Neighbours urged to respect Afghan sovereignty
WASHINGTON (PAN): Ahead of the Istanbul Conference, the United States on Monday said neighbouring countries should respect the sovereignty of Afghanistan, hoping the nations would make a commitment in this regard.
As Afghanistan assumes lead responsibility for its security, it was really critical that the international community remained engaged to ensure the progress they had all worked to achieve over the last 10 years was preserved, a senior administration official told reporters.
US Secretary of State Hillary Clinton will attend the conference, beginning on November 2.
“So Istanbul is seen as an opportunity for Afghanistan's neighbours to reiterate their commitment to a stable, secure, economically viable Afghanistan, and to supporting Afghan-led reconciliation, the transition to Afghan security leadership and then a shared regional economic vision,” the official said.
Co-chaired by Afghanistan and Turkey, the conference participants are regional partners -- China, Tajikistan, Uzbekistan, Turkmenistan, Kyrgyzstan, Kazakhstan, Pakistan, India, Iran, Russia, Saudi Arabia, and the United Arab Emirates (UAE) besides the US, Japan and other key European players.
“We are urging all of Afghanistan's neighbors to commit to a set of principles ... that underscore full respect for Afghan sovereignty and territory,” the official maintained.
“So from our perspective, the neighbours and near neighbours will use this as an opportunity to do probably four things in a declaration like that: reiterate a shared commitment to sovereignty, as I just noted; second, endorse transition to Afghan security leadership; also endorse Afghan efforts for a political solution; and the fourth, to build towards a sustainable Afghan economy that can help to achieve the new Silk Road regional economic vision,” the official explained.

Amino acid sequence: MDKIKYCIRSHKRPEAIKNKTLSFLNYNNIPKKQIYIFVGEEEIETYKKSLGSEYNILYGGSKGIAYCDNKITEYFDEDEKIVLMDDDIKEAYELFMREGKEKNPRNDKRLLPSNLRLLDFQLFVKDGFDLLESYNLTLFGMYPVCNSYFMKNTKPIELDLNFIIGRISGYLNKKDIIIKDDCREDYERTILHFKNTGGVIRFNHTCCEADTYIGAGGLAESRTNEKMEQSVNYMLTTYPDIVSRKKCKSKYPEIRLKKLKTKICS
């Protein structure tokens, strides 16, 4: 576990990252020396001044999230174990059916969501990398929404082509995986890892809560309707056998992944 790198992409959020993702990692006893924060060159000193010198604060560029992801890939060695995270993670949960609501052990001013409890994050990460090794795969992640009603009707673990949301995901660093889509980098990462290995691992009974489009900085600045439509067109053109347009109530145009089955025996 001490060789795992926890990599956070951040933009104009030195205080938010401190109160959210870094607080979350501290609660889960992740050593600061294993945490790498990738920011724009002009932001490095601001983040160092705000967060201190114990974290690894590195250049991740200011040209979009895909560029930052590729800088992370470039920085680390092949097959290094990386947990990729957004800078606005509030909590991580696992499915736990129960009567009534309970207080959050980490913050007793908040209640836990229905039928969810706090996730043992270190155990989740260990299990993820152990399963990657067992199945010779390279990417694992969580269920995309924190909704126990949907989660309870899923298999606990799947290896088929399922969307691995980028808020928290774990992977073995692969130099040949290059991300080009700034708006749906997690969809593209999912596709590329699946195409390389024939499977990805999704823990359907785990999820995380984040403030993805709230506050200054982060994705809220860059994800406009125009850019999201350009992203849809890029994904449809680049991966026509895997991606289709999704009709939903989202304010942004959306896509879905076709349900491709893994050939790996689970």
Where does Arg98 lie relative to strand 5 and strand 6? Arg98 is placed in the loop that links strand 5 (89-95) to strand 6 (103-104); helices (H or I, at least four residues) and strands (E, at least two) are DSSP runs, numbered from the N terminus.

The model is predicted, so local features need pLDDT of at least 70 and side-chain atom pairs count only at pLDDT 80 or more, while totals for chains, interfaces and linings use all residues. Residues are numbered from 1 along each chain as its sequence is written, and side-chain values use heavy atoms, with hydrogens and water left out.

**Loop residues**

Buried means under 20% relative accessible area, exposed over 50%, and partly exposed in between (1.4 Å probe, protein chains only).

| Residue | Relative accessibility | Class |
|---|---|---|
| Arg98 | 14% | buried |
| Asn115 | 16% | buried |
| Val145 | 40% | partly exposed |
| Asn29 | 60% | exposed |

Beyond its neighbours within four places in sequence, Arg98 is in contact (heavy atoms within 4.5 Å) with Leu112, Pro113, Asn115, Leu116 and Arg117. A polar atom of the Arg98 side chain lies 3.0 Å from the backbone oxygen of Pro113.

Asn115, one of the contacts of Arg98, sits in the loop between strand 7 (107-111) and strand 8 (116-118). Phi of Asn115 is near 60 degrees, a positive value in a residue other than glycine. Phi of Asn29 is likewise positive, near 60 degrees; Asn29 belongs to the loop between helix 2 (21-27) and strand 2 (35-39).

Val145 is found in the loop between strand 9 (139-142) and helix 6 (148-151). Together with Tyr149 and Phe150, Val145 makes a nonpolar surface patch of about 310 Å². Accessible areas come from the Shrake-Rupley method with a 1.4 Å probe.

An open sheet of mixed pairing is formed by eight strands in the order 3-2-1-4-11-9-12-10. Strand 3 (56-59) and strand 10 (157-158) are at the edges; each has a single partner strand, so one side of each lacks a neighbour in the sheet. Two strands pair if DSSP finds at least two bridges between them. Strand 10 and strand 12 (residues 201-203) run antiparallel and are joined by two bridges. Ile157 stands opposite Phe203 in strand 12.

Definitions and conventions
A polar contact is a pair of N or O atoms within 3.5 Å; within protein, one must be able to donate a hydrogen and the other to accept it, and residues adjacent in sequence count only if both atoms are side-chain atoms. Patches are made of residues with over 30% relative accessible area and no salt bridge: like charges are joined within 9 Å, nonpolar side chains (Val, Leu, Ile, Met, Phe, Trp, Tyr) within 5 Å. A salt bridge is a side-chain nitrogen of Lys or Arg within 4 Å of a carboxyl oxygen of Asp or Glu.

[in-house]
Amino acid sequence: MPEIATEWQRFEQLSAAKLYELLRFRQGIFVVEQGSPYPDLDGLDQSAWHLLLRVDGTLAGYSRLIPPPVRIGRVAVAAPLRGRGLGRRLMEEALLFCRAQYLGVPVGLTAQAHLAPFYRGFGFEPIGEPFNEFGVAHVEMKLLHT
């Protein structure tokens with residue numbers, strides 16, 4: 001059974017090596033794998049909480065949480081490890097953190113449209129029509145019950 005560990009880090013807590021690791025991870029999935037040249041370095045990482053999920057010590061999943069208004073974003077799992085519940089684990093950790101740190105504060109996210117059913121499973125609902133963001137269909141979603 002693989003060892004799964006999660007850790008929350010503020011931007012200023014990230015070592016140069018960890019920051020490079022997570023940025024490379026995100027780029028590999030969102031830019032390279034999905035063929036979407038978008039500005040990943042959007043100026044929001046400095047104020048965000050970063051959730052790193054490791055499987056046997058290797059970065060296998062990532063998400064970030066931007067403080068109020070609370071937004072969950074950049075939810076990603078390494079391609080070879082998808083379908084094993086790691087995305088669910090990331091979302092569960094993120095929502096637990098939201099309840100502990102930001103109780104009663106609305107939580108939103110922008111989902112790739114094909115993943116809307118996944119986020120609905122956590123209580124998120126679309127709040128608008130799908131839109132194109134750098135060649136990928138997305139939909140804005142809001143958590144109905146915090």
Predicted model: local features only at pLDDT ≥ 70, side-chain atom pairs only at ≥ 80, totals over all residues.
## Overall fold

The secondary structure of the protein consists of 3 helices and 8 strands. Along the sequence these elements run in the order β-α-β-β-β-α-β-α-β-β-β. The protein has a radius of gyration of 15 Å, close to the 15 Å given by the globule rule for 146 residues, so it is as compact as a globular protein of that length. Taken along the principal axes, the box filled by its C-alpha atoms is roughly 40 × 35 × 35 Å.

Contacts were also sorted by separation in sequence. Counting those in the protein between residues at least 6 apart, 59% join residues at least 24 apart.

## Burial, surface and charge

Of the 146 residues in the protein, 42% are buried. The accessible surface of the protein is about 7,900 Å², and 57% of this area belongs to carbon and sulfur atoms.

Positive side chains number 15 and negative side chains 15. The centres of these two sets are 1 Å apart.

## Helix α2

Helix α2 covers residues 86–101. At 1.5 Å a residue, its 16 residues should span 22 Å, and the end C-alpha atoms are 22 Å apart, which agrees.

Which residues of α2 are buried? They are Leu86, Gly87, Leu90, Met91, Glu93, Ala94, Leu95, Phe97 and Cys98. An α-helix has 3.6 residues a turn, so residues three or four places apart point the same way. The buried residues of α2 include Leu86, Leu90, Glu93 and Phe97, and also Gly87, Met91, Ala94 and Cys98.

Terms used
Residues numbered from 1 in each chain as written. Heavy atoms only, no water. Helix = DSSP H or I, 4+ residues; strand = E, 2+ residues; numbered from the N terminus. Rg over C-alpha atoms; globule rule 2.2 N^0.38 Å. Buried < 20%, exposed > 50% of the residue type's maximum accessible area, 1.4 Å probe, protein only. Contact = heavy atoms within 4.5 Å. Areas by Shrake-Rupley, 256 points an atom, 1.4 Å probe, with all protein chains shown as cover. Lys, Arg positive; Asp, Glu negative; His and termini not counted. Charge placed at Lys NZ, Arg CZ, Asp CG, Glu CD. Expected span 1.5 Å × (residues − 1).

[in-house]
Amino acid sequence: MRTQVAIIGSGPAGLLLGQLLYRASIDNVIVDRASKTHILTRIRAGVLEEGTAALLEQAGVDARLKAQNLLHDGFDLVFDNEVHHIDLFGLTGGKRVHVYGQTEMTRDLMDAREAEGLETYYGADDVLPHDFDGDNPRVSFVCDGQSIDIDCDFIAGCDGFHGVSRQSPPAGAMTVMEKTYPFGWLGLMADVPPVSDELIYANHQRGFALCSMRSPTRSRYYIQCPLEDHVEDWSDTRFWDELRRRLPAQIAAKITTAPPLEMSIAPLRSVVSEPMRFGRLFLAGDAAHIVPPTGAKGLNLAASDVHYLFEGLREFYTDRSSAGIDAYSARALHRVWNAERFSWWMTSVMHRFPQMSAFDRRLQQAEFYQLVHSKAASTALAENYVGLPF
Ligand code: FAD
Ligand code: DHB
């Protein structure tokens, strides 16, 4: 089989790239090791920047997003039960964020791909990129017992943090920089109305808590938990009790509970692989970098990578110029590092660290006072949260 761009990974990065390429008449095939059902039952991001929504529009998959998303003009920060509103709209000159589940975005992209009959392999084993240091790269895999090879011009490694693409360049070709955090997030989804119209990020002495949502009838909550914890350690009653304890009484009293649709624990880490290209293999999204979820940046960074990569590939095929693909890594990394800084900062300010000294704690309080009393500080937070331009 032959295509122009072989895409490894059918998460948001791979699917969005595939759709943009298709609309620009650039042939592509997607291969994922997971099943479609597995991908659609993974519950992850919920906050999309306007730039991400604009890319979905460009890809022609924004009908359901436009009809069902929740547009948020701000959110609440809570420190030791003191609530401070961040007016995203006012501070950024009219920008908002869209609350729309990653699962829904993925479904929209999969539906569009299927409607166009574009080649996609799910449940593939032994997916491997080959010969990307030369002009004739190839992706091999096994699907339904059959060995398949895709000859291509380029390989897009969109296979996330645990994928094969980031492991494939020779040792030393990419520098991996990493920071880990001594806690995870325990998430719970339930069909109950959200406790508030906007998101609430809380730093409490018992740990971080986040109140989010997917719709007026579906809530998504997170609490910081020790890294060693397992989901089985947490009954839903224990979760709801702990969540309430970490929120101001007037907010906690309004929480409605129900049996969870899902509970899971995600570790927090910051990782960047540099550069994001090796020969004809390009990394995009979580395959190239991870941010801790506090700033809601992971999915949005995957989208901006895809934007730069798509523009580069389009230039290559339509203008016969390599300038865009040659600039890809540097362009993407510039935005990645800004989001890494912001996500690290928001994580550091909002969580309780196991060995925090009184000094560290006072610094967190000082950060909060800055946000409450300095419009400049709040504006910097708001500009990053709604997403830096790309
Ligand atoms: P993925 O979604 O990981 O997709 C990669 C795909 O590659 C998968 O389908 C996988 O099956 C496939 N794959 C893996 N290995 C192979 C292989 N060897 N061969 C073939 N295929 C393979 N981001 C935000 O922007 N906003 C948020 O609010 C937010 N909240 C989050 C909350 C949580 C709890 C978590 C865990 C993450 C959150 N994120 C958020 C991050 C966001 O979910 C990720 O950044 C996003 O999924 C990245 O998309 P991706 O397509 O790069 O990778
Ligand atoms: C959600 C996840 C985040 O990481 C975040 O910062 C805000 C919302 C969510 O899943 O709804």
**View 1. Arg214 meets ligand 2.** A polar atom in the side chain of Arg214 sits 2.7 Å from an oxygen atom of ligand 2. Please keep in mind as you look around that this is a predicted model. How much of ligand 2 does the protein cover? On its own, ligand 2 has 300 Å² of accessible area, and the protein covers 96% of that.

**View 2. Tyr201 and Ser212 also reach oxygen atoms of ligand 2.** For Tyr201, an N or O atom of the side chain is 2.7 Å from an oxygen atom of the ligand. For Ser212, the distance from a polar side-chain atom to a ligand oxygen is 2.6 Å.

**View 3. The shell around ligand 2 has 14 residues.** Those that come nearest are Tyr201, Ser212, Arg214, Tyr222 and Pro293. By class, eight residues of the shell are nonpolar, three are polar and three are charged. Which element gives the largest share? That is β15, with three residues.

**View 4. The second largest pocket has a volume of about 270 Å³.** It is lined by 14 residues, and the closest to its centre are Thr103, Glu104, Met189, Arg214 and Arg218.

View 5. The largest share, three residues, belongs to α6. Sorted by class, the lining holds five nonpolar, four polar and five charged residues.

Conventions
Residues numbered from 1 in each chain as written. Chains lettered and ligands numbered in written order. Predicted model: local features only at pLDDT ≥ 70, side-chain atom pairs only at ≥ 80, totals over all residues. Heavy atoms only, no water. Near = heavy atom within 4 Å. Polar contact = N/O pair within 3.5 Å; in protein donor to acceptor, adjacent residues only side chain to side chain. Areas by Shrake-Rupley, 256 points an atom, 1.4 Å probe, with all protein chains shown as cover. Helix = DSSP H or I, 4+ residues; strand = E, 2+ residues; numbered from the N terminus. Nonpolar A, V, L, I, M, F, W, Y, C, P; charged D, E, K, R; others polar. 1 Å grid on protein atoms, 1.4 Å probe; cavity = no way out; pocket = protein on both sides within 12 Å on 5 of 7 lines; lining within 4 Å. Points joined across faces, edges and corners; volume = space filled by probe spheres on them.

Special US Representative for Afghanistan and Pakistan Marc Grossman travelled to the region in preparation for the important conference. The title of the Istanbul Conference is "Security and Cooperation in the Heart of Asia."
The officer said the Istanbul conference would soon be followed by the Bonn conference. In fact, the Bonn event will be the first time the Afghan government will chair a major international conference on its own.
The conference that starts Wednesday morning will be opened by Turkish President Abdullah Gul and Afghan President Hamid Karzai. The morning session will be reserved for comments from other regional participating countries.
In the afternoon, other international supporters, including the US, will use the opportunity to make addresses. Then it will close with the presentation of the declaration on whose final draft negotiations are still ongoing.
“Given the importance that Pakistan plays a major role in helping resolve the Afghan conflict, we've been working very closely with the Pakistani delegation on finding language that all parties can uphold and promote on the recognition of sovereignty,” the official said in response to a question.
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